Scientists say the new conditions are permanent.

Japan's northern half sits on the North American tectonic plate. The Pacific plate, which is mostly undersea, normally slides under this plate, slowly nudging the country west. But in the earthquake, the fault line between the two plates ruptured, and the North American plate slid up and out along the Pacific plate.

The rising edge of plate caused the sea floor off Japan's eastern coast to bulge up - one measuring station run by Tohoku University reported an underwater rise of 16 feet (5 meters) - creating the tsunami that devastated the coast. The portion of the plate under Japan was pulled lower as it slid toward the ocean, which caused a corresponding plunge in elevation under the country.

Some areas in Ishinomaki moved southeast 17 feet (5.3 meters) and sank 4 feet (1.2 meters) lower.

"We thought this slippage would happen gradually, bit by bit. We didn't expect it to happen all at once," says Testuro Imakiire, a researcher at Japan's Geospatial Information Authority, the government body in charge of mapping and surveys.

Imakiire says the quake was powerful enough to move the entire country, the first time this has been recorded since measurements began in the late 19th century. In Tokyo, 210 miles (340 kilometers) from Ishinomaki, parts of the city moved 9 inches (24 centimeters) seaward.

The drop lower was most pronounced around Ishinomaki, the area closest to the epicenter. The effects are apparent: Manholes, supported by underground piping, jut out of streets that fell around them. Telephone poles sank even farther, leaving wires at head height.

As surrounding areas clear rubble and make plans to rebuild, residents in this section of Ishinomaki are stuck in limbo - their homes are mostly undamaged and ineligible for major insurance claims or government compensation, but twice a day the tide swamps their streets.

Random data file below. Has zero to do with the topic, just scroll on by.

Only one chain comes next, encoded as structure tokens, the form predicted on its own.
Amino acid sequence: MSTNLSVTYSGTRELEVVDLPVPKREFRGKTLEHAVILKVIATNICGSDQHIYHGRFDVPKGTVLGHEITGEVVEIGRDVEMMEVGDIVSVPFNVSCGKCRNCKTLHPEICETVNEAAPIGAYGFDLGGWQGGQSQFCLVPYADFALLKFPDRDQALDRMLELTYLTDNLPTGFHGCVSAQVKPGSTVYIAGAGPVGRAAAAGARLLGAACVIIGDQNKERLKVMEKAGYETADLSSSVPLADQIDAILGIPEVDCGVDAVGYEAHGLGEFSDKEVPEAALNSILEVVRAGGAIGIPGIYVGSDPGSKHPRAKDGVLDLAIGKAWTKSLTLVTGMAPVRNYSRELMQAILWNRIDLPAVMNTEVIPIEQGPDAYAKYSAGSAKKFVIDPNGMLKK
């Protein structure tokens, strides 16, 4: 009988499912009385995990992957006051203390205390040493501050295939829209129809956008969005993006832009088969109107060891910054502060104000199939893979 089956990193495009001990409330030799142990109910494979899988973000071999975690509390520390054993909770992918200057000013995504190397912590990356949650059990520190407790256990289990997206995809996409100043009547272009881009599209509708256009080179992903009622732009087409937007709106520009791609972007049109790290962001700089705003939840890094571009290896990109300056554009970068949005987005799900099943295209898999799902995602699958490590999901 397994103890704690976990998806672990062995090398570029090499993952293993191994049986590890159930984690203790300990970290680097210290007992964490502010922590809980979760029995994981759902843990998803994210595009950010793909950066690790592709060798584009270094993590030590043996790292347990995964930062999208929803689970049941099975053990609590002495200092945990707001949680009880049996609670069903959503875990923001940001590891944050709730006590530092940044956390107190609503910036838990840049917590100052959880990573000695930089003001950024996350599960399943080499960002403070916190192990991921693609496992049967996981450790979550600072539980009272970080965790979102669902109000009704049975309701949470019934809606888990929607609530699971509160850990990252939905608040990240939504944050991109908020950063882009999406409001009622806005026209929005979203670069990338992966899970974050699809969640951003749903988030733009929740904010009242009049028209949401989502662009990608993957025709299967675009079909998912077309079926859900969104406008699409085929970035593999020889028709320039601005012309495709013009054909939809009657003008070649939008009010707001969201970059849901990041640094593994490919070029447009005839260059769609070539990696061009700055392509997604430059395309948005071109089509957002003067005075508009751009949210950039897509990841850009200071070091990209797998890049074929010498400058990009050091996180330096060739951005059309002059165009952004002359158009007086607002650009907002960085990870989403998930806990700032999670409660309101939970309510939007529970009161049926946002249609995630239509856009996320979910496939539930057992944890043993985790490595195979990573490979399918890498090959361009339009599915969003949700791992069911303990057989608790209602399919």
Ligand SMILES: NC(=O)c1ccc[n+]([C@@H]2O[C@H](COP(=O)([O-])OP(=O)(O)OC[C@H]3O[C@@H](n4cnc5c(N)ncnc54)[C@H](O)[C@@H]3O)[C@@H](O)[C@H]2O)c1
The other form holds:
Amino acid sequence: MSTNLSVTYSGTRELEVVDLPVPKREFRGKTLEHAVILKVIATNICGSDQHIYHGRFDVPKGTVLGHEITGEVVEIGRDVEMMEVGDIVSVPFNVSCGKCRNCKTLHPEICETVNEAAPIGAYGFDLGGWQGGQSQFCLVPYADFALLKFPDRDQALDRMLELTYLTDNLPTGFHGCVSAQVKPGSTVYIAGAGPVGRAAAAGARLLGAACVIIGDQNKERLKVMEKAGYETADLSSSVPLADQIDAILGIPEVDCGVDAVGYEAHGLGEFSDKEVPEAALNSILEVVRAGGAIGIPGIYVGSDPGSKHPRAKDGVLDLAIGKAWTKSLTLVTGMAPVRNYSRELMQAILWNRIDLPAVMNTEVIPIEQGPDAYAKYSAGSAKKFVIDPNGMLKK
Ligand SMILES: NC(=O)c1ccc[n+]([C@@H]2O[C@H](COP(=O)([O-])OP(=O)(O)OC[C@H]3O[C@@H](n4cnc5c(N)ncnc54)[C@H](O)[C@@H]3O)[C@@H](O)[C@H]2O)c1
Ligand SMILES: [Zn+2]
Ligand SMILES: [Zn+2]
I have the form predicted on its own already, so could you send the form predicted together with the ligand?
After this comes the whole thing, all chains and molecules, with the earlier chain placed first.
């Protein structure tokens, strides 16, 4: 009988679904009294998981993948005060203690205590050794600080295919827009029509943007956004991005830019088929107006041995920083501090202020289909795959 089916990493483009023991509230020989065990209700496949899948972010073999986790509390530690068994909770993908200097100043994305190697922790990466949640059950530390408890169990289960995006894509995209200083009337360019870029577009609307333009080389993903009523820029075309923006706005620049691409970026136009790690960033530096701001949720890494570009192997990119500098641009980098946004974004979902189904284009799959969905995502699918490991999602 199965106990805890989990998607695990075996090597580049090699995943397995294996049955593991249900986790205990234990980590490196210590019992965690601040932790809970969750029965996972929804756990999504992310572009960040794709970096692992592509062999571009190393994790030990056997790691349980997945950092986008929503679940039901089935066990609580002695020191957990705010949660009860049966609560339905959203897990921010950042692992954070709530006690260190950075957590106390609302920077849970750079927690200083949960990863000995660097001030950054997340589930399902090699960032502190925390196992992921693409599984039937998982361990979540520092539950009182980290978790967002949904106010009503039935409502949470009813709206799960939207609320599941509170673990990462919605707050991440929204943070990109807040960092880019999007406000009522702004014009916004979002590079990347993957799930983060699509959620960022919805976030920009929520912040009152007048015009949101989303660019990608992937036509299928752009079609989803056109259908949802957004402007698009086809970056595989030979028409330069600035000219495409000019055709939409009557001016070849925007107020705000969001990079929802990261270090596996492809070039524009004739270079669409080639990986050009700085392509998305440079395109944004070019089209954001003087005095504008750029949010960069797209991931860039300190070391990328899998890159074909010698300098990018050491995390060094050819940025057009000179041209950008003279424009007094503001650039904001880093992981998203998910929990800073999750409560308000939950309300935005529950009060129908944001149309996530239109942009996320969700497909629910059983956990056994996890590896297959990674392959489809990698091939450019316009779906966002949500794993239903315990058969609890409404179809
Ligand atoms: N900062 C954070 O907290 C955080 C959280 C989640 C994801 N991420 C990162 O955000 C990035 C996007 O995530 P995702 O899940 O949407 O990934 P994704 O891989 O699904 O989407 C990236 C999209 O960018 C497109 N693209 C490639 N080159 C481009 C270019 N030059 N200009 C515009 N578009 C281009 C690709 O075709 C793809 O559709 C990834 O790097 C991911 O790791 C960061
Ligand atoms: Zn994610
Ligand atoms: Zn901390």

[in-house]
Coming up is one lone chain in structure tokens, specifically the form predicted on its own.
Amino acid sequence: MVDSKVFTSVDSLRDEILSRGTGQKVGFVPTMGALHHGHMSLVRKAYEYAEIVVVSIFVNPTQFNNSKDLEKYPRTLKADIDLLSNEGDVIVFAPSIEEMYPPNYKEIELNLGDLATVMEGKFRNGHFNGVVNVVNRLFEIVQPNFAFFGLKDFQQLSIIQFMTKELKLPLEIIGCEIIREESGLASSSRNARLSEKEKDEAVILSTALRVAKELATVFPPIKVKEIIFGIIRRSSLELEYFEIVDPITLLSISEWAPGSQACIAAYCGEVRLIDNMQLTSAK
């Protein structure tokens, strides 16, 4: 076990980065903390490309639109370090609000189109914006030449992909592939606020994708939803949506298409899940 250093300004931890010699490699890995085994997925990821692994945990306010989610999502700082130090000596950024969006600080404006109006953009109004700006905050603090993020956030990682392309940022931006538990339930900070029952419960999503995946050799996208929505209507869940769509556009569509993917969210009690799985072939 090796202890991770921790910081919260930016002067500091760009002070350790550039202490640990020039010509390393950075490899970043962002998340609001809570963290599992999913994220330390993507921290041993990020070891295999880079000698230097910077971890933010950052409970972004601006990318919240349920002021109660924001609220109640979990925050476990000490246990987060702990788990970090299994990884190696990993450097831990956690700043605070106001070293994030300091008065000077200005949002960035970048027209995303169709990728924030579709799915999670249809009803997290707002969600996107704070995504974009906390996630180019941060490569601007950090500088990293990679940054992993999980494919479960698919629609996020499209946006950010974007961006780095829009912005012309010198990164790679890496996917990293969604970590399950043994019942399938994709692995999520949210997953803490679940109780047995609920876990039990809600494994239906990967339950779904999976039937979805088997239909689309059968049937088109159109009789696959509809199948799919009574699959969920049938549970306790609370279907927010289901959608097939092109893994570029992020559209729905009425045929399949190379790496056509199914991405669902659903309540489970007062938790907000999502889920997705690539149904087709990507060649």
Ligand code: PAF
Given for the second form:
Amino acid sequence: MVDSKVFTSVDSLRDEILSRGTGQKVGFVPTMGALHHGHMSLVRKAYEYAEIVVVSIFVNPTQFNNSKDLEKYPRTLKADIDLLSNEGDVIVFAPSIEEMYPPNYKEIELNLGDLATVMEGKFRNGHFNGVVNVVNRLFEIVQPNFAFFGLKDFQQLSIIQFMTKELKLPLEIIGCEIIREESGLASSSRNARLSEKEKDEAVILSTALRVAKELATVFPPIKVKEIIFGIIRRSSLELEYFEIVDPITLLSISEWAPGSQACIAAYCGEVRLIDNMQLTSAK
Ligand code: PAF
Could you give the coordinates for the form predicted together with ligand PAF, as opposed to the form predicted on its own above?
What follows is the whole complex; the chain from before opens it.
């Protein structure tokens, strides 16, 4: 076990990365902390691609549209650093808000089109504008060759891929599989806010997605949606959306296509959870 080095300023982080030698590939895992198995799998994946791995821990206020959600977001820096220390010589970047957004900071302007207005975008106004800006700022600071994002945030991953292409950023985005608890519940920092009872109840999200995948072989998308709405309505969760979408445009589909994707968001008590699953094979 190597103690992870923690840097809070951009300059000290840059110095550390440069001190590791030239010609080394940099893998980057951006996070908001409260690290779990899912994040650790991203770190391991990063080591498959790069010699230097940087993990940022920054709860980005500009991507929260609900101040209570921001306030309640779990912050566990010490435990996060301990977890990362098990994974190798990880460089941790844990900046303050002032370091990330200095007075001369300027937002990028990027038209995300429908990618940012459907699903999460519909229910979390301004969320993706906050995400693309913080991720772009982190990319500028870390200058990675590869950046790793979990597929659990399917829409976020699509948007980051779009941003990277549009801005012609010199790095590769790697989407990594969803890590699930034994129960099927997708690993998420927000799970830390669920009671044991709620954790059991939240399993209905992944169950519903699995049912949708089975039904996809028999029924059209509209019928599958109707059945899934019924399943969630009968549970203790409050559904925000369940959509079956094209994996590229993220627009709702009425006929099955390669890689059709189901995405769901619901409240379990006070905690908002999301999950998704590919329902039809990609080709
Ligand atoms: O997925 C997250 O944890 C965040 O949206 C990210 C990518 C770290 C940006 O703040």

"We can't really complain, because other people lost so much," says Yuichiro Mogi, 43, as his daughters examine a dead blowfish floating near his curb.

The earthquake and tsunami left more than 25,000 people either dead or missing, and many more lost their homes and possessions.

Mogi noticed that the daily floods were slowly carrying away the dirt foundation of his house, and built a small embankment of sandbags to keep the water at bay. The shipping company worker moved here 10 years ago, because he got a good deal on enough land to build a home with a spacious front lawn, where he lives with his four children and wife.

Most of the residences in the area are relatively new.

"Everyone here still has housing loans they have to pay, and you can't give away this land, let alone sell it," says Seietsu Sasaki, 57, who also has to pay off loans on two cars ruined in the flooding.

Sasaki, who moved in 12 years ago with his extended family, says he hopes the government can build flood walls to protect the neighborhood. He never paid much attention to the tides in the past, but now checks the newspaper for peak times each morning.

Officials have begun work on some embankments, but with much of the city devastated, resources are tight. Major construction projects to raise the roads were completed before the tsunami, but much of that work was negated when the ground below them sank.

The constant flooding means that construction crews can only work in short bursts, and electricity and running water were restored only about two weeks ago. The area still doesn't have gas for hot water, and residents go to evacuee shelters to bathe.

"We get a lot of requests to build up these areas, but we don't really have the budget right now," says Kiyoshi Koizumi, a manager in Ishinomaki's roads and infrastructure division.

Sasaki says he hopes they work something out soon: Japan's heavy summer rains begin in about a month, and the higher tides in autumn will rise well above the floor of his house.

The Skanner Foundation's 38th Annual MLK Breakfast